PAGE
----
The fourth and final ferry ride back to Orcas was the most eventful. As I'm pulling off I-5 at my exit, I've got 20 minutes until the ferry leaves. Normally, I wouldn't even consider it since the ferry landing is 17 miles away. However, Jeff and I accomplished just such a feat last weekend, so I think I'll give it a shot. But, traffic going that direction is actually gridlocked at the light at the base of the exit, so I give up quickly, knowing that a Target is nearby and that I have a new apartment to equip. After a satisfying trip to Target, I head out to catch the 8:35 ferry. Although this ferry is very heavily used, again, only one checkpoint is being used, and I don't even reach it until after the boat is supposed to leave, although that does not seem to matter since the boat does not leave. After I pay, a woman puts a piece of paper under my windshield wiper after asking me which island I'm going to and directs me to lane 5. THIS IS THE LAST INSTRUCTION I RECEIVE ALL NIGHT! Normally, the attendants act like ushers in church during communion, dismissing lane after lane of cars when it's time to board the ferry, then on the boat they point you to your spot. So, at 9:20, I see cars starting to move and everyone disappears from where they were hanging out in the parking lot. However, my lane doesn't move. Finally, the guy in front of me pulls out of our lane (ack! rules!) and heads toward the ferry. I figure he's getting out of line, because he and his wife had been calling for one of the teenagers that belonged in the car and never came back. A guy behind me gets out of his car and walks up to my window to tell me that I should follow the other guy because the other cars are all empty. "That's the way it works," he adds at the end. So, I look around and half the cars are abandoned. I still have no explanation for that. So I hustle and I am the third to last car on the boat. I get a half-hearted point from the attendant and that's that. As a side surreal moment, at Shaw Island, an attendant got on the intercom and yelled "Willie Smith! We're at Shaw Island! You need to wake up and get off the ferry! We will not be coming back!" He then wished Willie a good weekend a few minutes later, so I guess we can assume that Willie did make it home. So, I read my book and when it's time for Orcas Island, I get in the car and prepare to go. The same thing happens as before. The people in front of me aren't going anywhere and many of the cars are empty. Well, my heart is beating fast. They start announcing again that this boat will not be returning to Anacortes and I am in a full-fledged panic because there are still 5 cars in front of me and no one has come back to check. The woman behind yells at me to turn my engine off and I realize that I have to do something. So I squeeze out of the car (of course, they had made me park right next to the big junker truck) and sprint for the front of the boat, waving my arms like an idiot. My father would have been proud. Luckily, the guys were very cool and acknowledged that things had been screwy in the parking lot. So, the announcer comes back on the intercom, reads off the cars that are in front of me and we all wait. While waiting for everyone to come and move their cars, even the announcer apologizes and tries to explain that the ferry normally runs much more smoothly. Finally, the guy in the grey, no, silver Civic wagon shows up and I can finally start my 45 minute drive to the other end of the island and home.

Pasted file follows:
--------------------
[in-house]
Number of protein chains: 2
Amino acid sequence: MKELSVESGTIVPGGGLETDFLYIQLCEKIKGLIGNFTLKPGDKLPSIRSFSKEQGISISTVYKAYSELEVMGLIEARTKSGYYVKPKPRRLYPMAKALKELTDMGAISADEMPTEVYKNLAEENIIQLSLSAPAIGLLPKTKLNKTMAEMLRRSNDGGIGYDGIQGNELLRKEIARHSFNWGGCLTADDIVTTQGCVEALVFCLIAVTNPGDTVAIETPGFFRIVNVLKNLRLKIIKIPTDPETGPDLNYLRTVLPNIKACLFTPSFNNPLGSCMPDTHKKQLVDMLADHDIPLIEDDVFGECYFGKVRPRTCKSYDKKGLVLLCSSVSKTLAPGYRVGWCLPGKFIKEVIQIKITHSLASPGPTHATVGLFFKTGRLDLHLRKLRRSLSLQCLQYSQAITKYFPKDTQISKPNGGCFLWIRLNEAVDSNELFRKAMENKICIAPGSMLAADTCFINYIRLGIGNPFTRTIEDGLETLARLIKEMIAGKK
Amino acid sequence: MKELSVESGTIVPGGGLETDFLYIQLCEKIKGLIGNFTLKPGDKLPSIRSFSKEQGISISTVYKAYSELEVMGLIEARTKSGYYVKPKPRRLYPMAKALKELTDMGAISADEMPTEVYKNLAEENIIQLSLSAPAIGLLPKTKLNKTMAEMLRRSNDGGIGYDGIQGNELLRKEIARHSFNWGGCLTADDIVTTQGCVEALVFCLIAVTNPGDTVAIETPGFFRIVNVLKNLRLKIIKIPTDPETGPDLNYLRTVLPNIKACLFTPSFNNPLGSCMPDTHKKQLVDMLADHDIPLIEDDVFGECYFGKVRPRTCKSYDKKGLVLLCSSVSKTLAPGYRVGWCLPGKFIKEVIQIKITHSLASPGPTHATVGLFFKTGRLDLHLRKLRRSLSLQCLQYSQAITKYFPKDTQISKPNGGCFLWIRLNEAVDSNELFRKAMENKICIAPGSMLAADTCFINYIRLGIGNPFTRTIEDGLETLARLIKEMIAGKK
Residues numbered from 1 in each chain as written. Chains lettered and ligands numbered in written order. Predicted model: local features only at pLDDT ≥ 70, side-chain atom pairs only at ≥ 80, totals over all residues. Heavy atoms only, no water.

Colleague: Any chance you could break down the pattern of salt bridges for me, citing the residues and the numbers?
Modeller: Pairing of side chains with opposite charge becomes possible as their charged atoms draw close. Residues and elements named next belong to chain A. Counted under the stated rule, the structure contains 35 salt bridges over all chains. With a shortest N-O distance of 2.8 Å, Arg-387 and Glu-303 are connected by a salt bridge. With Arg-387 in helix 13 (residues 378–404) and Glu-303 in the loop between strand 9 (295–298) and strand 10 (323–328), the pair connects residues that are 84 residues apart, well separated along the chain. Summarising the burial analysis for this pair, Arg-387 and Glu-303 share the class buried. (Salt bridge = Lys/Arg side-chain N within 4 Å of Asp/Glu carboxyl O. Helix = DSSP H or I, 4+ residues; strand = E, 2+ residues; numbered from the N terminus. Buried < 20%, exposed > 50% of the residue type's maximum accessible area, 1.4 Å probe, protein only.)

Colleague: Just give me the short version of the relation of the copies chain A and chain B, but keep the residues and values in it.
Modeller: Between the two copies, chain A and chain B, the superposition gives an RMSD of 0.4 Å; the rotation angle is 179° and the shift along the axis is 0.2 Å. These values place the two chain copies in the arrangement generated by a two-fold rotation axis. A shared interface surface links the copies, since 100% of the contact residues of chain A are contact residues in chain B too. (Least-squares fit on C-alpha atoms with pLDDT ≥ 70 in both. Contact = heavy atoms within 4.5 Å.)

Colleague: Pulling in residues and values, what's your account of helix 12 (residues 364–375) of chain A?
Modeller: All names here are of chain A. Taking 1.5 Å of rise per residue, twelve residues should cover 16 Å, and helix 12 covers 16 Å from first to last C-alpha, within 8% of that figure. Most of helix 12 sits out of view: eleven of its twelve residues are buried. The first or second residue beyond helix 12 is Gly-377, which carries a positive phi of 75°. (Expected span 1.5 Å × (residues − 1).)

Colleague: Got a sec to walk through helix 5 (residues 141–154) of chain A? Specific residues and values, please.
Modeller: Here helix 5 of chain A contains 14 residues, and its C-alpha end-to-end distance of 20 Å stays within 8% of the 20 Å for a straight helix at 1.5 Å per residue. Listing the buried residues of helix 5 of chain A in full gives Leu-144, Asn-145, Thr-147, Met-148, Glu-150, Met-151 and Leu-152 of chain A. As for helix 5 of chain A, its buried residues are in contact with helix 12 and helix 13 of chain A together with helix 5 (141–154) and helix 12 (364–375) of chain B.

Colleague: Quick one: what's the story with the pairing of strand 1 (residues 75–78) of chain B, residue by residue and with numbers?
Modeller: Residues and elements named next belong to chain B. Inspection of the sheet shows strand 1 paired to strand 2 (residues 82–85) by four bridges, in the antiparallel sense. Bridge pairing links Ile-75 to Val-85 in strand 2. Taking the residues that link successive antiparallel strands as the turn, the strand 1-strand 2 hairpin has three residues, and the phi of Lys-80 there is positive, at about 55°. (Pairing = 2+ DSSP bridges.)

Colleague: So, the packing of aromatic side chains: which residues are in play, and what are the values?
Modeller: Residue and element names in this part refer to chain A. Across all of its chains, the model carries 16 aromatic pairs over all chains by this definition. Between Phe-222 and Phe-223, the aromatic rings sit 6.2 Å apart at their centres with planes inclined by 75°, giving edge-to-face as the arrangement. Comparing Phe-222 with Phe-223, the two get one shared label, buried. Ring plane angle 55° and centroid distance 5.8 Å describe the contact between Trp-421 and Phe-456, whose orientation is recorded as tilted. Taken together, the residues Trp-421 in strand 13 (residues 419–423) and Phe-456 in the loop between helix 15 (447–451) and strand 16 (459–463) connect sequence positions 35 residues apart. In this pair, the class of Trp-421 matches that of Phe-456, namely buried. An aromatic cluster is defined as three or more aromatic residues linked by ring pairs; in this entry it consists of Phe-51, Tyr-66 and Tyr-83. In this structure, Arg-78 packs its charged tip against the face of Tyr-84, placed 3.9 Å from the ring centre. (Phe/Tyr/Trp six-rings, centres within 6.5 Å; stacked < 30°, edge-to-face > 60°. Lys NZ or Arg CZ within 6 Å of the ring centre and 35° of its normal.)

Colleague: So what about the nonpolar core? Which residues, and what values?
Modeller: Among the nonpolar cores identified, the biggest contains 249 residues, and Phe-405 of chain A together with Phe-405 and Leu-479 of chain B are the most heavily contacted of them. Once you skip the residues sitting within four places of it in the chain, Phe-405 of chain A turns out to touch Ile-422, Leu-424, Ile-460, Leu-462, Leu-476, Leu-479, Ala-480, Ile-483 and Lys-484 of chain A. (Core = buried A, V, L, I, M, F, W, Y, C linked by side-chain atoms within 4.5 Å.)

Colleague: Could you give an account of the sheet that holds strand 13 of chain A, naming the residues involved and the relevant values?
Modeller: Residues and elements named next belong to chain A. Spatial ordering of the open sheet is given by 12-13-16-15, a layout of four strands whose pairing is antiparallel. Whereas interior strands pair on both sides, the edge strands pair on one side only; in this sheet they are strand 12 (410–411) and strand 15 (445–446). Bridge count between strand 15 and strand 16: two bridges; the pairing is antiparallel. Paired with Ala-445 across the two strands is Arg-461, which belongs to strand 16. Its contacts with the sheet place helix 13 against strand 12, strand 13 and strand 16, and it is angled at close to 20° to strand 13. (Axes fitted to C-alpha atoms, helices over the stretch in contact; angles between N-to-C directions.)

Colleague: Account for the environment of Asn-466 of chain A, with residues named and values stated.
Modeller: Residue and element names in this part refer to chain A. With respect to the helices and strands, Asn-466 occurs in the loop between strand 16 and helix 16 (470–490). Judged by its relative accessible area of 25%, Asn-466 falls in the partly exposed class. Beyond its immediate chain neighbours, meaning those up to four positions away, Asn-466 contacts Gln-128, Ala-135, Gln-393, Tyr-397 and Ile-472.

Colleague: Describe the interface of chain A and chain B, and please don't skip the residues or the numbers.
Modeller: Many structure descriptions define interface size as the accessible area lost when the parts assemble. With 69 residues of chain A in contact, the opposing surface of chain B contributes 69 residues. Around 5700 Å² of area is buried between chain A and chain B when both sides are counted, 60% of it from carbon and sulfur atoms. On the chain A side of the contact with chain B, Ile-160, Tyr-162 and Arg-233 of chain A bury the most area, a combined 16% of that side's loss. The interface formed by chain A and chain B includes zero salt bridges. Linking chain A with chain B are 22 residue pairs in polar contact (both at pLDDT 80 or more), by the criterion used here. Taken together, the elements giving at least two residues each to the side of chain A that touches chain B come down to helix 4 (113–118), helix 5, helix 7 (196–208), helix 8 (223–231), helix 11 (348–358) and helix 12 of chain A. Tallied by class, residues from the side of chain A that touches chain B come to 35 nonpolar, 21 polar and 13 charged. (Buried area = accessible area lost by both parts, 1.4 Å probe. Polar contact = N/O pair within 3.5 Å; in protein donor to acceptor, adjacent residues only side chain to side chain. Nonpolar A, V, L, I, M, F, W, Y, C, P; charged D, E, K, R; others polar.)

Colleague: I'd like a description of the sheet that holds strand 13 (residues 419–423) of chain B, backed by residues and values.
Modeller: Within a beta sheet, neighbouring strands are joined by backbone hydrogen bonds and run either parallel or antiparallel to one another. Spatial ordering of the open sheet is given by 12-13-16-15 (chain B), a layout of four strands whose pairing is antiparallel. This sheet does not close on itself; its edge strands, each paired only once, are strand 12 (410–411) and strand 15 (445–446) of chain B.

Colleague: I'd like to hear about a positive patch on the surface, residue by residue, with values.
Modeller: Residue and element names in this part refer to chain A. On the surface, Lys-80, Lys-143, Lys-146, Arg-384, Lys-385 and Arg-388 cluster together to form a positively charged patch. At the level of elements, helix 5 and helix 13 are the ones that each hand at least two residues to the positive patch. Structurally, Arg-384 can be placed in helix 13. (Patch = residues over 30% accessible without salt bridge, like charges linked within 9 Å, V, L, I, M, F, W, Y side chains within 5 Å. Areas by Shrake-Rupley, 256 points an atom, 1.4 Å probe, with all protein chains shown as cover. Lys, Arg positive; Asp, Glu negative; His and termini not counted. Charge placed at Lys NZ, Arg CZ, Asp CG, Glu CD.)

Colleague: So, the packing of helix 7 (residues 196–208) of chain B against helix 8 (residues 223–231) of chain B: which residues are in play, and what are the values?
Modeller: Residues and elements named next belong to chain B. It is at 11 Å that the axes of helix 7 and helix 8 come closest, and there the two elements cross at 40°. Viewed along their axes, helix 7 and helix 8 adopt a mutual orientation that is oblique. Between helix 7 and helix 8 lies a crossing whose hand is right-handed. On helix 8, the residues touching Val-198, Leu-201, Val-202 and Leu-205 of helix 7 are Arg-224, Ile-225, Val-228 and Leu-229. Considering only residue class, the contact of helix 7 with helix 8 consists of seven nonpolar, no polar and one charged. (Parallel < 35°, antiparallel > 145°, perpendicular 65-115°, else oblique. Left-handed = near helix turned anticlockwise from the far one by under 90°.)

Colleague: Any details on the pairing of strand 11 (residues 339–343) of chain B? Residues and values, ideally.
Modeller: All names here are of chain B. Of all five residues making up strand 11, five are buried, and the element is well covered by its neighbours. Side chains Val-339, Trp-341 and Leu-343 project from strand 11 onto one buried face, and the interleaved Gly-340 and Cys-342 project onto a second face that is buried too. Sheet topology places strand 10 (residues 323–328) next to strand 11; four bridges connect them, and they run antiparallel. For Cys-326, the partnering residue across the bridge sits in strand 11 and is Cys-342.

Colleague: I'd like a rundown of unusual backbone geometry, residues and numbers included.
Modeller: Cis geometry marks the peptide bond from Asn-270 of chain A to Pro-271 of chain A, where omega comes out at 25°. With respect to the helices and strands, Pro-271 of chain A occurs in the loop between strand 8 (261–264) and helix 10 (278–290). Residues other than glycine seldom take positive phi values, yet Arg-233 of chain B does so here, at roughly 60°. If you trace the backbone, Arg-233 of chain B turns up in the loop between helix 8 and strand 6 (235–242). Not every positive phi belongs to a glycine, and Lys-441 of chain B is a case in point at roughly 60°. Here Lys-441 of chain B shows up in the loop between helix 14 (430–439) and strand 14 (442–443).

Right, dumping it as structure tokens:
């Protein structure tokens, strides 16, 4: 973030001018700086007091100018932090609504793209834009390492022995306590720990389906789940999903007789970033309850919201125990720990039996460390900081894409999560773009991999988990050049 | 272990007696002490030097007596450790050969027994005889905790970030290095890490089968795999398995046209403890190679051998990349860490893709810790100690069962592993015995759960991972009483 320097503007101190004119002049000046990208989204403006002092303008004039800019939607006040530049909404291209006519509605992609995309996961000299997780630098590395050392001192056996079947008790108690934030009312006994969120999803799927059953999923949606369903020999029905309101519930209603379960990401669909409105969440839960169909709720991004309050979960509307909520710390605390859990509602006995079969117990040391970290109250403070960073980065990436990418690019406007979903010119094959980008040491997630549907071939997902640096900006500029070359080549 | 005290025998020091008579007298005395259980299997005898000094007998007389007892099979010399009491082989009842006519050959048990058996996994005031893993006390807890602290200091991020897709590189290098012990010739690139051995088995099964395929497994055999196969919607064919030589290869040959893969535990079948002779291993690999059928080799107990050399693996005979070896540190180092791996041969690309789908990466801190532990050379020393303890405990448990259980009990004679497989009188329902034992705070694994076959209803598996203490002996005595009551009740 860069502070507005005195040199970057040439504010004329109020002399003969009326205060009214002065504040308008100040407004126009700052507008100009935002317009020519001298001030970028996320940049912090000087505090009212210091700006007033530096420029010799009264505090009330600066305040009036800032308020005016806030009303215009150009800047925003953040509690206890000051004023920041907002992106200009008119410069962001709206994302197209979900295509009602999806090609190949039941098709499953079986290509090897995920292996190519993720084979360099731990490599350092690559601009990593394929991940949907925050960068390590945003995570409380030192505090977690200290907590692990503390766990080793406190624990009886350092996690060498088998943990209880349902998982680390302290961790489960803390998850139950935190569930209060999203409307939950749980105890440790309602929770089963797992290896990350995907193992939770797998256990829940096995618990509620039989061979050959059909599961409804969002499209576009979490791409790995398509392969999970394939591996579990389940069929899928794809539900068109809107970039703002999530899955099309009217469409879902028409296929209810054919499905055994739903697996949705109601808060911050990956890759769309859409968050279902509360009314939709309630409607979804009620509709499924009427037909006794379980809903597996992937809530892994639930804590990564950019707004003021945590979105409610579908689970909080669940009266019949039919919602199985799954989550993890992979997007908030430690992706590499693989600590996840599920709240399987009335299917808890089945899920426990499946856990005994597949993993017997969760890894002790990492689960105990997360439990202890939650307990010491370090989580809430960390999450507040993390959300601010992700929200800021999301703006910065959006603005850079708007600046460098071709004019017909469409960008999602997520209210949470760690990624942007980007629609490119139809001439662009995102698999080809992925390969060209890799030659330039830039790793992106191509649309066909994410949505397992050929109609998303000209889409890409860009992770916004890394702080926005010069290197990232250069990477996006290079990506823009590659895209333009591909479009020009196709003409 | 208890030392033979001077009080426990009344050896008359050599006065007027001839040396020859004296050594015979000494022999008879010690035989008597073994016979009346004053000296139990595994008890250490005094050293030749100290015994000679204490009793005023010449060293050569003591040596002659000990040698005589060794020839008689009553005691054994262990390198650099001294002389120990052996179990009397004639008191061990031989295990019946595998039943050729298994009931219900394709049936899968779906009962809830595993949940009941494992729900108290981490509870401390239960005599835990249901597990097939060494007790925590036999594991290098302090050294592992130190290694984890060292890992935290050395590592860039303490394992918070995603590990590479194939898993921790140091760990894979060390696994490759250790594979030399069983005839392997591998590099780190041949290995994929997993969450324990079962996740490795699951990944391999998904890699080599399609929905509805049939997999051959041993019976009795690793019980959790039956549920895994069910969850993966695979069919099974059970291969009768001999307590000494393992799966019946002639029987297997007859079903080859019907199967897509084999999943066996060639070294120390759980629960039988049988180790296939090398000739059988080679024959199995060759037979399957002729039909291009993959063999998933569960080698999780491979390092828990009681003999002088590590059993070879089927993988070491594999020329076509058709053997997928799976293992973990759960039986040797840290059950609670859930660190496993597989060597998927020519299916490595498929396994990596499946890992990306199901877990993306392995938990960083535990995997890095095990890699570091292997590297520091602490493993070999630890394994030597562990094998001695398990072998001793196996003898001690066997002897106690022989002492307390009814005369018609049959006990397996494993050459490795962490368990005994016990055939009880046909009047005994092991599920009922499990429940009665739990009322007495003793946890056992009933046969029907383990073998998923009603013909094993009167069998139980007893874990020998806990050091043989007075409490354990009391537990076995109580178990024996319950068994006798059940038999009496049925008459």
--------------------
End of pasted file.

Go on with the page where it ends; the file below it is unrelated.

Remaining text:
7 really uncomfortable minutes - This type of cross-training-workout-for-a-short-amount-of-time-until-you-feel-like-you-might-die is great for me. Occasionally. Like when I'm not hurt. When ...